Have you ever felt burned out over something? Perhaps you’ve been burned-out over work. You’ve been pushing hard for a long time, the results are less than you hoped for, and you’re just sick and tired of the whole thing and want to run off to some warm, tropical island or whatever your idea of “paradise” might be. Or maybe you’re just burned-out on life. You can’t seem to muster the enthusiasm for much of anything, and even the fun stuff just seems kind of ordinary. Been there, done that.
What about religion? Have you have been burned out on religion? It happens all the time, more often than you might think. People burn out on religion. They may start out all ablaze, on fire for the Lord, but at some point it just kind of settles into a dull glow and eventually burn-out.
Back in the 19th century, people noticed an interesting phenomenon after the years of revival and what they called “awakening.” Burn-out. They even referred to the areas where this was happening as the “burned over” districts, as though a religious wildfire had raced through the area and burned the population out on religion. I wonder whether we are not on the brink of such a thing today. After a couple of decades of entertainment based Christianity and huge mega-churches drawing mega-crowds, and all the purpose-driven, success-oriented we’ve had, I wouldn’t be surprised to find people who are just plain burned out on religion. Maybe even burned out on God.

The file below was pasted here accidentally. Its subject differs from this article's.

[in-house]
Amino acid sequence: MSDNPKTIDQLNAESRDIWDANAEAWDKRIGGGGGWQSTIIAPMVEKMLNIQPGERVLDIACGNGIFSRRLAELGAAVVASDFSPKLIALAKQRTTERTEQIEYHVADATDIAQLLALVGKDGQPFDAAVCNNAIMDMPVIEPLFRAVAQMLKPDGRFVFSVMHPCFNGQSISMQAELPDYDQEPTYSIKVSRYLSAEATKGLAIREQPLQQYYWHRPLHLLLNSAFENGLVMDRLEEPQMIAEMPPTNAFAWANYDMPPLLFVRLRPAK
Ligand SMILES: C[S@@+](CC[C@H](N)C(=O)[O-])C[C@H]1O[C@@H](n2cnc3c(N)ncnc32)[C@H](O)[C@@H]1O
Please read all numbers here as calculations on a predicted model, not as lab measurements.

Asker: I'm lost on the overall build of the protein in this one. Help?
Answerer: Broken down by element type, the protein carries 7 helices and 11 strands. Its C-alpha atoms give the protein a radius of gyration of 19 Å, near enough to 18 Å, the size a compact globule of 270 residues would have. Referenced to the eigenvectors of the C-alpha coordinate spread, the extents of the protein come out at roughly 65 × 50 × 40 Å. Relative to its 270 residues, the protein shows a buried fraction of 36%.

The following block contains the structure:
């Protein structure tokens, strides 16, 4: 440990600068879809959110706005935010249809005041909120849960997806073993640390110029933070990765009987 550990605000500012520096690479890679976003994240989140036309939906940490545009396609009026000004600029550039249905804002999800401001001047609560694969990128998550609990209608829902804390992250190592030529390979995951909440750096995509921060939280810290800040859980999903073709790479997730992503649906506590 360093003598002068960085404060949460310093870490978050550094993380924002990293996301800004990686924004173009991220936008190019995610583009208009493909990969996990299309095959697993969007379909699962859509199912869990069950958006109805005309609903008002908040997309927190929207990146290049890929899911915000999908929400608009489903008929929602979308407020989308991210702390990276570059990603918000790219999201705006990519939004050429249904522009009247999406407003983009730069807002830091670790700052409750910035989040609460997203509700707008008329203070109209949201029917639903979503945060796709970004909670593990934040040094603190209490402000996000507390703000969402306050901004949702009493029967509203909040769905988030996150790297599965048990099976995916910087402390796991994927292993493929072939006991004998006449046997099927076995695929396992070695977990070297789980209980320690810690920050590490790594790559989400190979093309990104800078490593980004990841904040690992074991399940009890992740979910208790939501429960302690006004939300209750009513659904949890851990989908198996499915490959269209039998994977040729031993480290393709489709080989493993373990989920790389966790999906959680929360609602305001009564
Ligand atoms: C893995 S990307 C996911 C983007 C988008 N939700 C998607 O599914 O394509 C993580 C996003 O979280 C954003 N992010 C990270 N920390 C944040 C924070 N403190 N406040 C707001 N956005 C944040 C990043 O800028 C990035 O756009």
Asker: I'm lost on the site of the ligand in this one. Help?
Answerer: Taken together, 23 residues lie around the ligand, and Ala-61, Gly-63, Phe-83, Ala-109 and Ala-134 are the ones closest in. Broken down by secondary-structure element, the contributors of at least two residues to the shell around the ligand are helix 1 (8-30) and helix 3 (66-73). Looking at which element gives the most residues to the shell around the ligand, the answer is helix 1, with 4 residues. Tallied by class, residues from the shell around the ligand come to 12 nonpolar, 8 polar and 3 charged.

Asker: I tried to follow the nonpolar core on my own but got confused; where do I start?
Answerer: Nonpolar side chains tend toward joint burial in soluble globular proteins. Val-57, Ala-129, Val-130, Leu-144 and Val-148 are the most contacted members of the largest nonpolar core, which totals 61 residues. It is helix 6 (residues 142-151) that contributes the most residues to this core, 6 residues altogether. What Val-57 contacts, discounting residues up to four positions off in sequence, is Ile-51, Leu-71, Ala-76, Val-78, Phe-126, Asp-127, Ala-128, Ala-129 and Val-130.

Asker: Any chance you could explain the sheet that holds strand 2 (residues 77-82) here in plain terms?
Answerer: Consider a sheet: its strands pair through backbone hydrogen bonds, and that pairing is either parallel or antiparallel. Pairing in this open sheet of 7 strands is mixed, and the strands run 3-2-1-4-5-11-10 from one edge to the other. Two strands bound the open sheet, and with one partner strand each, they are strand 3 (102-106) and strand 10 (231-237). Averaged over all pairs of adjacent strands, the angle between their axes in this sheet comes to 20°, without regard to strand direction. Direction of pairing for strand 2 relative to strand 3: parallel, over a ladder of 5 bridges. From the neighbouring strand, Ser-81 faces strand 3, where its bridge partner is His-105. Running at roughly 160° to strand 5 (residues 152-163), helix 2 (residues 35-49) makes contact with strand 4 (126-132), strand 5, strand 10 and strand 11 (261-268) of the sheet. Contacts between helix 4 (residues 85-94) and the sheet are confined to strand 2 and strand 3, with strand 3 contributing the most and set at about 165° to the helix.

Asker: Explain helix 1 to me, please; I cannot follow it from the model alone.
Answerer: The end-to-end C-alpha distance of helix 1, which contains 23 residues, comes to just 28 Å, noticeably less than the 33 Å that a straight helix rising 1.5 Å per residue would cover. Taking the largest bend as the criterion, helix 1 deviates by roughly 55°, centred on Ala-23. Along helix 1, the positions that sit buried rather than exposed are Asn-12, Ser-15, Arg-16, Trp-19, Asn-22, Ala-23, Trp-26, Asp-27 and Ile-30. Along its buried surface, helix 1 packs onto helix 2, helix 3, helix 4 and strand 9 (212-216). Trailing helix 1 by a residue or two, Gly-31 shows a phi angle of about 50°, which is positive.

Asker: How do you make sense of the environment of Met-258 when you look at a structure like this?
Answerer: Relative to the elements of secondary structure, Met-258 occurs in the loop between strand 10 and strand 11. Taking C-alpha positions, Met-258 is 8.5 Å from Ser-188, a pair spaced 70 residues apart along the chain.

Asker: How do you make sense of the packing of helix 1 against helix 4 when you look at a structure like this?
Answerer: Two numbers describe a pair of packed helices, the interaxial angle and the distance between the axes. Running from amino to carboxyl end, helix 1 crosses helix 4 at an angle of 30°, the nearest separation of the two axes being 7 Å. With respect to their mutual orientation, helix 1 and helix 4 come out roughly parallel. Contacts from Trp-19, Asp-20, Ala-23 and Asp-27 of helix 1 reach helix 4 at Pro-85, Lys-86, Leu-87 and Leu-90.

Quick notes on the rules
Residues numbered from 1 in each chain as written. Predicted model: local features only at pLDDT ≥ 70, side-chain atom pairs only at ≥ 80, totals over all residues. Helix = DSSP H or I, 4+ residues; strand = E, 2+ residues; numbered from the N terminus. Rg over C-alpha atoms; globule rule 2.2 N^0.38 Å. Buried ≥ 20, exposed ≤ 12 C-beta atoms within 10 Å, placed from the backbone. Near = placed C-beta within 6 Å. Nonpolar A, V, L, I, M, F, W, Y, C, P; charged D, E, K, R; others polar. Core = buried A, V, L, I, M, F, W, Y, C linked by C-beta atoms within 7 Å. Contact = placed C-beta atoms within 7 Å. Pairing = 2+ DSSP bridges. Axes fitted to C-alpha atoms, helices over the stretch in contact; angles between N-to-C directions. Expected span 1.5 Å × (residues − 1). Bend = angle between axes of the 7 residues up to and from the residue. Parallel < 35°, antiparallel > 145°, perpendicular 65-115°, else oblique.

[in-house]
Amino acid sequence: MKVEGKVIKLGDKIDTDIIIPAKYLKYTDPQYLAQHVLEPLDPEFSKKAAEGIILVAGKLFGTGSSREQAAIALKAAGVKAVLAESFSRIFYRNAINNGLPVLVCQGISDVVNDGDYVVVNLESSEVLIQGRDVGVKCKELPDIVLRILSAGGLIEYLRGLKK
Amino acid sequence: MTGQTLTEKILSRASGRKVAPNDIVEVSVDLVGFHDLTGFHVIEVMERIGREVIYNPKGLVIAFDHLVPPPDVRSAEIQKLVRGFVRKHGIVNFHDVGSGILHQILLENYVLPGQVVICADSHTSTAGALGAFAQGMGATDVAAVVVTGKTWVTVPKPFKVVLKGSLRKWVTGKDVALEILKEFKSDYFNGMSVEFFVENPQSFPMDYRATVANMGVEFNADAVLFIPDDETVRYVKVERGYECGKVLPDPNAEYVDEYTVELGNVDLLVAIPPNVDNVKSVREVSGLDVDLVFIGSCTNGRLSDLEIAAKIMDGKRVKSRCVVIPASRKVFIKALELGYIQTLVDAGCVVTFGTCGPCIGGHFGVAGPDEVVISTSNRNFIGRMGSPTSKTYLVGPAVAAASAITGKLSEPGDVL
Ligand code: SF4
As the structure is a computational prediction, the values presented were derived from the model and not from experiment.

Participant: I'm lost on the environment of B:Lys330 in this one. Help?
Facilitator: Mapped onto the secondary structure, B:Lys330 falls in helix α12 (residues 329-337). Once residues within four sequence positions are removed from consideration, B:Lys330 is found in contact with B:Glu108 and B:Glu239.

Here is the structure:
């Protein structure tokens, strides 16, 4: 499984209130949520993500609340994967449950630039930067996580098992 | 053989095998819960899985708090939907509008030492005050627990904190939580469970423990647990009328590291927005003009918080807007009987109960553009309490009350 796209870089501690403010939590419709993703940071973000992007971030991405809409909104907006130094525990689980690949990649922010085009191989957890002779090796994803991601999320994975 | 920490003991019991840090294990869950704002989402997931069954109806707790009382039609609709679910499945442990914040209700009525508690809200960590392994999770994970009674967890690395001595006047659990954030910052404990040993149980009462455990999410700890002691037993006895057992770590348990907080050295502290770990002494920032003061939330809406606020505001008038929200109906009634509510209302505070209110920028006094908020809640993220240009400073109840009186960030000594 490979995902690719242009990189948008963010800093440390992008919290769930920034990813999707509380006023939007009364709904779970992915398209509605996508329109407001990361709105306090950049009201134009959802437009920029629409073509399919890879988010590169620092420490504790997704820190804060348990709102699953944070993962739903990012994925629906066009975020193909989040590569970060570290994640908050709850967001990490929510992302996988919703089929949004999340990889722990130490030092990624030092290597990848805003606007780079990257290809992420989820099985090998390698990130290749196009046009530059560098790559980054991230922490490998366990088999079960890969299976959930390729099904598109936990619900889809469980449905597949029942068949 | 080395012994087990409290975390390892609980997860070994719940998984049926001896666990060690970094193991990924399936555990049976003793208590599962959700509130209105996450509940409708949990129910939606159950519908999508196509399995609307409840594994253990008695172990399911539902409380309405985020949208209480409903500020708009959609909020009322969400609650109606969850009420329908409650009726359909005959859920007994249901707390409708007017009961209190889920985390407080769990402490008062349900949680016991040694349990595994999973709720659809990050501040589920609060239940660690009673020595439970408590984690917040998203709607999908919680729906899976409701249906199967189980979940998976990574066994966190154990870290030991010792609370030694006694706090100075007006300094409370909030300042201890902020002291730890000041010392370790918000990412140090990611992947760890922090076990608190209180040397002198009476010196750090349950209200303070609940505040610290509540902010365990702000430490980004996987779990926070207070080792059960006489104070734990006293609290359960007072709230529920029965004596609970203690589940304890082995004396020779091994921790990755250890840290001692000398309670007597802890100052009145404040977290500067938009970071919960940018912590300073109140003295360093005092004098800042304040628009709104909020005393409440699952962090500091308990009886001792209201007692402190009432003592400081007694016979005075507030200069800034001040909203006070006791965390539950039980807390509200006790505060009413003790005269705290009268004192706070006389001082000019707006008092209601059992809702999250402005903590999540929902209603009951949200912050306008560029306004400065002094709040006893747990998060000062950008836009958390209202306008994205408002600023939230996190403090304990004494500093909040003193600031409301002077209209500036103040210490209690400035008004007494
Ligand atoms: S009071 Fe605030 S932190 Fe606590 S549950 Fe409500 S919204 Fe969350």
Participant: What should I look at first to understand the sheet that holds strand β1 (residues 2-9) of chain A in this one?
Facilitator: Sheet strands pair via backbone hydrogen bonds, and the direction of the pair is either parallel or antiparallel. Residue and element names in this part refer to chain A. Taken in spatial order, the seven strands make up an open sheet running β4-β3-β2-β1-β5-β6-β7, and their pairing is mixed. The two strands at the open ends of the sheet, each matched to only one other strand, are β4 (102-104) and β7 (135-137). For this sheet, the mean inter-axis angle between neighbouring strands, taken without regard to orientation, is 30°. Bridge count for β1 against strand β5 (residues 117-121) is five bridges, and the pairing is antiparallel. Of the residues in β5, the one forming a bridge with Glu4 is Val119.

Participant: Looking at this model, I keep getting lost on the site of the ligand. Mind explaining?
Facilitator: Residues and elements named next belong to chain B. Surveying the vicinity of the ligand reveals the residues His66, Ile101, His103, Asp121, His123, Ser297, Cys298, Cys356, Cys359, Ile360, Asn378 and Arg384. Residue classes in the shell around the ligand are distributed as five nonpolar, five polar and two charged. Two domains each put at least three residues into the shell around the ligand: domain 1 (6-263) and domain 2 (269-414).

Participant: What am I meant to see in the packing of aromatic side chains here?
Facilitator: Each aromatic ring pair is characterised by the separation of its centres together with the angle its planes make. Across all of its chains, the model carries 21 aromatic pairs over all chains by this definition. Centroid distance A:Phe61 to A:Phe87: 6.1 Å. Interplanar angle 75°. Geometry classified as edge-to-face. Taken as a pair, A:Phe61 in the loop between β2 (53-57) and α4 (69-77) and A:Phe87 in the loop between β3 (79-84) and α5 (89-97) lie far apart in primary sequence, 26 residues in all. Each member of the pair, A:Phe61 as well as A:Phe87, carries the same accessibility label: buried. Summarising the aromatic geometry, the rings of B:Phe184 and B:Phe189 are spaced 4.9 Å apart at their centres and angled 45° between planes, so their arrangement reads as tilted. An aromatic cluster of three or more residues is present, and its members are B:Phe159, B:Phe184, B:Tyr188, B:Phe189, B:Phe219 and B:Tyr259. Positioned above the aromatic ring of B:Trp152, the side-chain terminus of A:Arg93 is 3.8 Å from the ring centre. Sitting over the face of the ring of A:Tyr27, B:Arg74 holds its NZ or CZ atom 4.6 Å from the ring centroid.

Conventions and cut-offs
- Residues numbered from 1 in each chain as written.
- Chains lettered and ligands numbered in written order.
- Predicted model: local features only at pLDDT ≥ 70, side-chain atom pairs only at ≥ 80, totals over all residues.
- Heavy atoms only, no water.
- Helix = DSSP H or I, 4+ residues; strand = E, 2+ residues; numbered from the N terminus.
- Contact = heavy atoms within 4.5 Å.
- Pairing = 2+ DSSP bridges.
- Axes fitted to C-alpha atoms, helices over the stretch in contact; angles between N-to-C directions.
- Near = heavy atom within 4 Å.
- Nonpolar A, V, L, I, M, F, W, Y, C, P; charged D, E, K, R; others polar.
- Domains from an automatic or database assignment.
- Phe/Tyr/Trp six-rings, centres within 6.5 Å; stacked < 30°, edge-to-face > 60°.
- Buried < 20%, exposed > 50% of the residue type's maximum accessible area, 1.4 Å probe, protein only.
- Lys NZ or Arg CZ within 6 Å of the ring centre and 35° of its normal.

Burn-out is the result of the Law grinding us down to nothing, driving us to despair of ourselves. It’s actually the proper work of the Law, according to the apostle Paul. The Law takes sin in the flesh and makes it utterly sinful beyond measure. It amplifies sin. And it makes the sinner despair of his or her own righteousness. You wind up saying with Paul, “Oh wretched man that I am! Who will rescue me from this body of death?”
That fact is that Law without Gospel, commandments with forgiveness, results ultimately in religious burn out. You know God wants the Law kept perfectly. You can’t keep the Law, not matter how hard you try, and the harder you try, the less of the Law you keep. And so you decide, “The heck with all this religion. I’ll just live my life as I please, and hope for the best in the end. Try not to hurt anyone, mind my own business, be nice to animals, recycle paper, plastic, and aluminum, drive a hybrid, and give to charities. Beyond that forget. I’m sick and tired of dos I can’t do and don’ts I can’t stop from doing.
I have met people like that. Some of them grew up in Christian homes, were dragged to church as kids. Some came to church later, on their own, and for a while it was fun. They were all enthusiastic about studying the Bible and witnessing to people and giving their life to the Lord. And then the reality of their sinful condition took hold, and they got a good, hard look in the mirror of the law, and their victorious life didn’t look so victorious any moe, and their purpose-driven life lost all its purpose, and their “I decided to follow Jesus” moment seemed like something less than permanent, and the whole religious house of cards came tumbling to the ground like the walls of Jericho.